Less than 1 per cent of the eligible companies opted for the restructuring option offered for the second time by the Reserve Bank of India (RBI) as part of its Covid relief package, rating agency Crisil said on Thursday. The restructuring 2.0 window closed on September 30.
“The tepid response — despite an intense and more virulent second wave of the Covid-19 pandemic — reflects the positive turn in demand outlook, and anxiety about negative stakeholder perception of restructured companies,” Crisil said in a statement.
Crisil’s estimate was based on its rating universe of mostly mid-to-large-sized companies. Crisil qualified that this finding may not reflect the predicament of micro and small enterprises, many of who could be severely affected, but barely opting for credit rating.
In August, the rating agency had come to a similar preliminary conclusion, analysing 4,700 companies that it rated.
Crisil said none of the companies opting for restructuring belonged to investment grade (‘BBB’ or higher).
“Even among the companies in the sub-investment grade category (‘BB’ or lower) — where weaker credit profiles abound — a significant 98 per cent did not seek restructuring,” it said.
The rating agency ran its framework across 43 sectors that accounted for 76 per cent of the total corporate debt it rated. It found 37 sectors witnessing demand rebounding to near the pre-pandemic levels. This could be because the impact of the second wave on the cash flows was short-lived, as restrictions were localised and less stringent compared with the first wave.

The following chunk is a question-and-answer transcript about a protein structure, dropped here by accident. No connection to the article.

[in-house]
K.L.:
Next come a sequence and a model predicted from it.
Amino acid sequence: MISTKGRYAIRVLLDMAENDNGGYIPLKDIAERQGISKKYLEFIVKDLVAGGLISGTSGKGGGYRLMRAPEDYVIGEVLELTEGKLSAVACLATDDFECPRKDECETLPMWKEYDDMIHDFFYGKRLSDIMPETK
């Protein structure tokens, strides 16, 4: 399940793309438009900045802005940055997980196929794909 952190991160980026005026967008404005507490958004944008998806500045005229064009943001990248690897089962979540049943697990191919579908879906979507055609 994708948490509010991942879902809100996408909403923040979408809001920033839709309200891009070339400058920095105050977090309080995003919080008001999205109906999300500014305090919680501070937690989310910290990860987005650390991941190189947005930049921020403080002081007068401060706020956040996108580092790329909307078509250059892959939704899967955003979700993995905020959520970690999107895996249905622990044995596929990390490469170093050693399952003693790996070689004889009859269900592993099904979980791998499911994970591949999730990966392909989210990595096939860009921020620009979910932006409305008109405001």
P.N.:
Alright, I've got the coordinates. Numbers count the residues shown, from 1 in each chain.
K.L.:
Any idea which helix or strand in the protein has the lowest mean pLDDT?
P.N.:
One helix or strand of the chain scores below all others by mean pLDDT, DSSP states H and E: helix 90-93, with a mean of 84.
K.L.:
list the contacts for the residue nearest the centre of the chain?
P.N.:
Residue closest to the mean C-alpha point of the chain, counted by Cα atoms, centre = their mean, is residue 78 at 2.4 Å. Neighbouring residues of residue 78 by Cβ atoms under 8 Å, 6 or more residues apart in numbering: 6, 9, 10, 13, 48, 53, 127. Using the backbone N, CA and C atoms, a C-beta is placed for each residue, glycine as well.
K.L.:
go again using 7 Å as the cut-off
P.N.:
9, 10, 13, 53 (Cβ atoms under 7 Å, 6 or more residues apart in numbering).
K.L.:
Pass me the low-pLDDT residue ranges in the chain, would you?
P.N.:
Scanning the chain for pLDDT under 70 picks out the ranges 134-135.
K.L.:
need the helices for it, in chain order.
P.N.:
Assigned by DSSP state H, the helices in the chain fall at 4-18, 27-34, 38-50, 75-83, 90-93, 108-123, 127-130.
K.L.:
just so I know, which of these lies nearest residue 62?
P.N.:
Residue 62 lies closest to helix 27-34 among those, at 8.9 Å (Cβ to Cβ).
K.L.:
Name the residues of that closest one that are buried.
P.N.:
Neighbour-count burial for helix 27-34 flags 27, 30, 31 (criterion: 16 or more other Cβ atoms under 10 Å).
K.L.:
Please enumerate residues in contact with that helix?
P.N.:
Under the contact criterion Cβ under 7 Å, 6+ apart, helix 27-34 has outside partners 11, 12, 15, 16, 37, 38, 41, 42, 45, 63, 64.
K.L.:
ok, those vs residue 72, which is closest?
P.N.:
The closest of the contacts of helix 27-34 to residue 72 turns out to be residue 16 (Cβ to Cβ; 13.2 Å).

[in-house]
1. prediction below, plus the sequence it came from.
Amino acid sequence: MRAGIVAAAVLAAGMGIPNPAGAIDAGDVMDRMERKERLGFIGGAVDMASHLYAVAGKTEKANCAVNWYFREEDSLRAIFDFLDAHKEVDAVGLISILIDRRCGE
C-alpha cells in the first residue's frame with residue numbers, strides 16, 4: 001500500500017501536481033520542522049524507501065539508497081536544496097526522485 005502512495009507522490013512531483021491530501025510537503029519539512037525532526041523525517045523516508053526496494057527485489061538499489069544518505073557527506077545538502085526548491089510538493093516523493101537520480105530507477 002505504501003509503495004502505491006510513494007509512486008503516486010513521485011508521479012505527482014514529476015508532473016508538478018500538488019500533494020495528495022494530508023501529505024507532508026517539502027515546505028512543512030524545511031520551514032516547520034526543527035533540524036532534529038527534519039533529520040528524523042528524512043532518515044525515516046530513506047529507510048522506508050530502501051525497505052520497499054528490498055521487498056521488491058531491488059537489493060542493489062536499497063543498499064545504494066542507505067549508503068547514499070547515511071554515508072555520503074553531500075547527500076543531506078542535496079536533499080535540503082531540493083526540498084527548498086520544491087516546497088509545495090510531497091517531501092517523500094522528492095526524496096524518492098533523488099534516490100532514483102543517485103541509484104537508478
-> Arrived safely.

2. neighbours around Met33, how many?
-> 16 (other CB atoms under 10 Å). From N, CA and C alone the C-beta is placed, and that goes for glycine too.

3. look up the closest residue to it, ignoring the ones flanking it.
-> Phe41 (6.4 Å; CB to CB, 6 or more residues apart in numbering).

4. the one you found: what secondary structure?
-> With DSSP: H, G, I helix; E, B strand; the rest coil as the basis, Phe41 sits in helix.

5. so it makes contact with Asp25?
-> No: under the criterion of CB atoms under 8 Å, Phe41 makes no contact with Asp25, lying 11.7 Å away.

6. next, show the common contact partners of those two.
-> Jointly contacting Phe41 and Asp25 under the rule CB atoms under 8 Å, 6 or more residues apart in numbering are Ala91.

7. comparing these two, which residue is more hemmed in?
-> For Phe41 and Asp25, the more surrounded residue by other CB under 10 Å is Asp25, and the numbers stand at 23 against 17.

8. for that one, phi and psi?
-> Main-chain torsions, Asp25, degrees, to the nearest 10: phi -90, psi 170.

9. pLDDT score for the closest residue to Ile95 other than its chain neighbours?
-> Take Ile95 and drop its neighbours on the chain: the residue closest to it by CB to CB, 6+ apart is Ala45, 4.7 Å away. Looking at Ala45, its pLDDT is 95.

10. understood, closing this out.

Around 88 per cent of the rated debt under the framework were in sectors where demand has or is expected to fully recover in the current fiscal to the pre-pandemic levels. These included essentials such as FMCG, pharma and telecom, and infrastructure-linked sectors such as cement, power, roads and construction, according to Subodh Rai, chief rating officer, Crisil.
Such broad-based recovery, and the expansion of the Emergency Credit Line Guarantee Scheme (ECLGS) and its extension till March 31, 2022 — has helped companies manage temporary liquidity disruptions, Crisil said.
The ECLGS support may have prevented micro and small enterprises, the primary beneficiaries of the scheme, from going for restructuring.
“The impact on long-term credit history also kept away many companies. That’s because lenders would classify their accounts as ‘restructured’, which would impair their ability to raise debt in future,” Crisil said.
The RBI had announced the fresh restructuring scheme during its monetary policy review on May 5. The scheme was available for individuals, small businesses, and micro, small and medium enterprises (MSMEs) with aggregate exposure of up to Rs 25 crore provided they had not availed of benefits under any of the earlier restructuring frameworks, including the resolution framework 1.0 announced on August 6, 2020. The precondition of the scheme was that the accounts were supposed to remain standard as of March 31, 2021.